Monterey cypress is an evergreen conifer that is columnar or cone shaped when young, but becomes broad and spreading as it ages. Specimens subject to constant sea breezes and salt spray are twisted and contorted. In a grove, away from the seaside, it develops into a tall, straight tree, that can get over 100 ft (30 m) tall with a trunk diameter of 8 ft (2.4 m). The tiny leaves are scale-like, adpressed to the branchlets, about 1/16th in (1.5 mm) long and lemon scented. They grow in erect or spreading feather-like plumes. The cones are light tan, nearly spherical, about an inch and a half (4 cm) in diameter, with 8-10 tight fitting scales.
Several cultivars have been selected, including 'Aurea' with long, spike-like horizontal branches and golden foliage; 'Goldcrest' which is narrowly conical, to 16' (5 m) tall and has bright golden foliage; 'Aurea Saligna' which has elongated leaves and weeping branches; 'Beaufront' which stays low and is used as a ground cover; and the weird 'Greenstead Magnificent' which forms a spreading, flat topped mound that eventually raises up on a short trunk. It is reported to develop a canopy 20 ft (6 m) wide while only 5 ft (1.5 m) tall.
Location Cupressus macrocarpa, or Monterey cypress, occurs naturally only in two groves on Monterey Bay on the central coast of California. A survivor from an ancient lineage, Monterey cypress is nearly extinct in the wild. It is however, widely cultivated, and a very popular landscaping and hedge plant in England, western Europe, New Zealand and Australia.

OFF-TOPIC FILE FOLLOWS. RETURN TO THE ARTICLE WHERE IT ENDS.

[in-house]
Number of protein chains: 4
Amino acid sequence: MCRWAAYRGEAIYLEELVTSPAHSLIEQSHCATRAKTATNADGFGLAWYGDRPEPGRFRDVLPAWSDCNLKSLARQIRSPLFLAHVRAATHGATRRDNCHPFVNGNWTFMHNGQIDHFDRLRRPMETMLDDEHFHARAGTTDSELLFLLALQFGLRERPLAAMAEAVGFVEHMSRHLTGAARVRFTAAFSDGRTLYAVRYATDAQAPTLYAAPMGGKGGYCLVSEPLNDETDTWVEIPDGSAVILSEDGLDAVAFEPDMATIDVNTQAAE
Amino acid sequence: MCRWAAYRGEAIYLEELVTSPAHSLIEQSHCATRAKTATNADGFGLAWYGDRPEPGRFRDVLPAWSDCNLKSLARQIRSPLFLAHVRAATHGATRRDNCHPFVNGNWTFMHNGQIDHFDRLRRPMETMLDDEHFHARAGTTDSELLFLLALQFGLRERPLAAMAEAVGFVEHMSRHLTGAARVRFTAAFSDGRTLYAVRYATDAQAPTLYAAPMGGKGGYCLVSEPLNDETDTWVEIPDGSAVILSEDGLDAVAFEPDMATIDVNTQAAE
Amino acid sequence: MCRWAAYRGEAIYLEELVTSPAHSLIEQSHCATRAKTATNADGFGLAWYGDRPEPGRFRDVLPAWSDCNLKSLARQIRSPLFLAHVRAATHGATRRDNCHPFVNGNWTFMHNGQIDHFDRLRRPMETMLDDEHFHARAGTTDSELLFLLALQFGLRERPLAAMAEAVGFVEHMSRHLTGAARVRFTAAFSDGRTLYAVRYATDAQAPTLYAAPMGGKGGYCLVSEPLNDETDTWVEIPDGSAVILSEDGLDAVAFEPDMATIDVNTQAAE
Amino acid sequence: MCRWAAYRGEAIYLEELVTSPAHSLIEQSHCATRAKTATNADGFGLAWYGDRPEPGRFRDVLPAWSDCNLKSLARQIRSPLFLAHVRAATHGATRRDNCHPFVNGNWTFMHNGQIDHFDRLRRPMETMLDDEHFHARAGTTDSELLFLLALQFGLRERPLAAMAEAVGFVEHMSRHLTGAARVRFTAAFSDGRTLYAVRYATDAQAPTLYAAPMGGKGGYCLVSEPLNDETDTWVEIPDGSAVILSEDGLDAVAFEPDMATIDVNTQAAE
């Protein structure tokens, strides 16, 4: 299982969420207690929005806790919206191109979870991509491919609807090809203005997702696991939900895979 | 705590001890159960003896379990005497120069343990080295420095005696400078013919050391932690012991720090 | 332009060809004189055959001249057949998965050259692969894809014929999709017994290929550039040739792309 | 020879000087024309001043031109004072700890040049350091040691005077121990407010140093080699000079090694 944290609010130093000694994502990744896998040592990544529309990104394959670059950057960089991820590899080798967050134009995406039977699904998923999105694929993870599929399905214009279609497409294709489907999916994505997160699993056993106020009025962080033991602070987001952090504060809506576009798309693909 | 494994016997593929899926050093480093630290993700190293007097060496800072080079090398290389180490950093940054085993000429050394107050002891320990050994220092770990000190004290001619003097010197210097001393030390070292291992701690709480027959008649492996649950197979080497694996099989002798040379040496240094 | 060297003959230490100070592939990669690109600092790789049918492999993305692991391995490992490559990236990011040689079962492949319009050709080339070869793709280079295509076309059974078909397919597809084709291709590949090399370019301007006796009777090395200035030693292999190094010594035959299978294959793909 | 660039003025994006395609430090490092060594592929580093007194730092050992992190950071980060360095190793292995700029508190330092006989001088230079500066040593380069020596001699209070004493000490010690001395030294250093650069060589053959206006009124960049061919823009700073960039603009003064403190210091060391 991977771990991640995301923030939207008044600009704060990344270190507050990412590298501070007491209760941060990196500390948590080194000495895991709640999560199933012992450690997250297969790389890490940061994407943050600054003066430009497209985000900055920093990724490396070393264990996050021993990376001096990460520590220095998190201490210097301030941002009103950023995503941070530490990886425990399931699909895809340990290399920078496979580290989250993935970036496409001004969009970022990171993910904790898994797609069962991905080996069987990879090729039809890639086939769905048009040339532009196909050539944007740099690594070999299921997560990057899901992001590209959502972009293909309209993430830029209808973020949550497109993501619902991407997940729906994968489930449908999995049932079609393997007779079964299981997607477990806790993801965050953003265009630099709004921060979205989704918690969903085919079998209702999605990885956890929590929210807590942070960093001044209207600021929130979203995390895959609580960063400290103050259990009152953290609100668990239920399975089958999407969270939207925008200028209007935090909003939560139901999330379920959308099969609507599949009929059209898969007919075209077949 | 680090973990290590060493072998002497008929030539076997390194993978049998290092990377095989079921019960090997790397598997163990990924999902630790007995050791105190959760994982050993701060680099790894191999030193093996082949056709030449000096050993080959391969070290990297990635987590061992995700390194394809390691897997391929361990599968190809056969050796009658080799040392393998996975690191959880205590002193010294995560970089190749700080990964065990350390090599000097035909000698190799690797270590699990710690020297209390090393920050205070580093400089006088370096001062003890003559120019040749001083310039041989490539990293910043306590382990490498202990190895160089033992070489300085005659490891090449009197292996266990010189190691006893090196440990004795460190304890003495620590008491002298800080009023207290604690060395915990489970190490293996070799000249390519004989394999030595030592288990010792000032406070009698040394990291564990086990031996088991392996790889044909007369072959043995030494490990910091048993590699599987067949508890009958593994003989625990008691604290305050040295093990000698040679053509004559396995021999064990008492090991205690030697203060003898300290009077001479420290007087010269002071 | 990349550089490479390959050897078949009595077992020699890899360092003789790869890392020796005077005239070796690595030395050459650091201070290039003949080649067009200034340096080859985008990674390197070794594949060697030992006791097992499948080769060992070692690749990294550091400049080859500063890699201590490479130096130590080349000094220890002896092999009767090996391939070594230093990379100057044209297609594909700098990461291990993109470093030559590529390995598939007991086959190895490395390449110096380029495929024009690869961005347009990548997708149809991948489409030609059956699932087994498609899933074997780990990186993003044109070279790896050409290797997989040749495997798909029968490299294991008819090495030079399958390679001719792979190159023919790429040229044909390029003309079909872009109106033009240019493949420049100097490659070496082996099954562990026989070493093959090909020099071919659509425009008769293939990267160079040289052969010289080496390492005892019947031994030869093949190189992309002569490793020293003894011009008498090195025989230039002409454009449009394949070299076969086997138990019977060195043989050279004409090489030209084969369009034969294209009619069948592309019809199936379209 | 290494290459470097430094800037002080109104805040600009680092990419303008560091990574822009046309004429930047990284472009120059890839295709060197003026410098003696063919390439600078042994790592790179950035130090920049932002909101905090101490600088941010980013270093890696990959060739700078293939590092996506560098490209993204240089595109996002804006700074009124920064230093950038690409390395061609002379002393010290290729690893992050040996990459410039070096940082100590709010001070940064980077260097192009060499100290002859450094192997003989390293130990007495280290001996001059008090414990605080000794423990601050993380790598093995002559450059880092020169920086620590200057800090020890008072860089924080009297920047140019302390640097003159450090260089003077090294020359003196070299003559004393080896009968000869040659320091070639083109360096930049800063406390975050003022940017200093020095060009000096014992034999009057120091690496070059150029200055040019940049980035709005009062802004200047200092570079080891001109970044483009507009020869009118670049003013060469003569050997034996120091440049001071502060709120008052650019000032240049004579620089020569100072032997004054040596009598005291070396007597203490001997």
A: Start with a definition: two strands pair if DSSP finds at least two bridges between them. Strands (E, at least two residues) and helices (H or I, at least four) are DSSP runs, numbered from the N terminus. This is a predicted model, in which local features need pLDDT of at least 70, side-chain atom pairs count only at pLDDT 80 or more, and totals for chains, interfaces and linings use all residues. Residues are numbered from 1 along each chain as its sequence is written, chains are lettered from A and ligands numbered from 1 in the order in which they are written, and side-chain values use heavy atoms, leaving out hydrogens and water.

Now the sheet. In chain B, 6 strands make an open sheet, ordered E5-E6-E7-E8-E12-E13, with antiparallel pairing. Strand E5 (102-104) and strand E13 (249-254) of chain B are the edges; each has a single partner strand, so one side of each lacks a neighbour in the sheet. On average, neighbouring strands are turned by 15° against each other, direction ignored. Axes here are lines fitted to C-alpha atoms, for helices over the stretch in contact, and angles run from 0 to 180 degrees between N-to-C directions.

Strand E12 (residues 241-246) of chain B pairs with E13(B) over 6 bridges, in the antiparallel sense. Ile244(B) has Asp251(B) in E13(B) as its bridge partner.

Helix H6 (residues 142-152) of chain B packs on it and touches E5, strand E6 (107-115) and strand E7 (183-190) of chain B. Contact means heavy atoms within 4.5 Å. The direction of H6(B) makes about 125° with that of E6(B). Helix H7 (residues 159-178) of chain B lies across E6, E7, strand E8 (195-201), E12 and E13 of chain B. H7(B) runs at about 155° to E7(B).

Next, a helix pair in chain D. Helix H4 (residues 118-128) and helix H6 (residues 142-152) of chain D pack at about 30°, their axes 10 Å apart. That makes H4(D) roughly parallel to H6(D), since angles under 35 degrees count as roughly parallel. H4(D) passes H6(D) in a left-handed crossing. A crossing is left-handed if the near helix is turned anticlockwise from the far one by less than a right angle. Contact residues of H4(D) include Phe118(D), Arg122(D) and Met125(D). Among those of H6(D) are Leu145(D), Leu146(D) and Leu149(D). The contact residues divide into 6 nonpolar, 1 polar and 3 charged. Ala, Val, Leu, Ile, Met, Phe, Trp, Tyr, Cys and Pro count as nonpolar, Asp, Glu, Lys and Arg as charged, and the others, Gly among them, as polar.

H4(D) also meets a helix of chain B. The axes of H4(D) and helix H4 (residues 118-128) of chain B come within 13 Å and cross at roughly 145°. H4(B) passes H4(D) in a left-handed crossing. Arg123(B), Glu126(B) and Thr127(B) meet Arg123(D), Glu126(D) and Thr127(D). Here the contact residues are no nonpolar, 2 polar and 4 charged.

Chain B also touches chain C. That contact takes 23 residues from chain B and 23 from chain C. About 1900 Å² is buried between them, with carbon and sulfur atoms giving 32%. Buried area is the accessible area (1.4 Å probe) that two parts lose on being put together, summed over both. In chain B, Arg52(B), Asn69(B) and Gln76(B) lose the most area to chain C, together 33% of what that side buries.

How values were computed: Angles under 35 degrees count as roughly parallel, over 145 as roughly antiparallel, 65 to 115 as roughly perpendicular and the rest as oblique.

Monterey cypress grows best in areas with mild climates, winter rain and cool ocean breezes. It tolerates acidic to slightly alkaline soils, and does best in sandy soils. It is susceptible to a fatal canker disease in hot, dry regions.
Light: The big Monterey cypress thrives in full sun. Moisture: It requires regular water. Hardiness: USDA Zones 7 - 10. Propagation: Propagate the species from seed and cultivars from cuttings.
Monterey cypress is very salt tolerant and an excellent choice for seaside plantings where it becomes wind swept and develops a handsome irregular shape. It is often grown in a group to create a wind break or screen, and it can be pruned to form a hedge. Under ideal conditions, Monterey cypress can grow into a dense, 40 ft (12 m) tall tree in just ten years. Many cultivars and hybrids have been developed, especially in England and New Zealand, where the plant is very popular. Smaller cultivars (such as 'Goldcrest') are grown in containers.
Monterey cypress is used extensively for bonsai. The twisted and gnarled form that makes bonsai specimens so attractive comes naturally to Monterey cypress.
The Native American Costanoans (Californians who were actually born in California!) used a decoction of Monterey cypress foliage to treat rheumatism. The Miwok, from the Sierra Nevada, used a related species for the same thing; maybe there's something to it? It wouldn't be the first time a very rare plant was found to have medicinal value.
Don't confuse the true cypresses (Cupressus) from western North America, Europe and Asia with the baldcypresses (Taxodium) from SE US and Mexico. Cupressus glabra and Cupressus sempervirens are two other members of the genus that are grown as landscape plants in Florida and similar warm climates. The Montery cypress is also one of the parent species of the intergeneric hybrid known as Leyland's cypress (Cupressocyparis Leylandii), a popular landscape shrub (or tree) widely grown as specimens, screens and sheared hedges.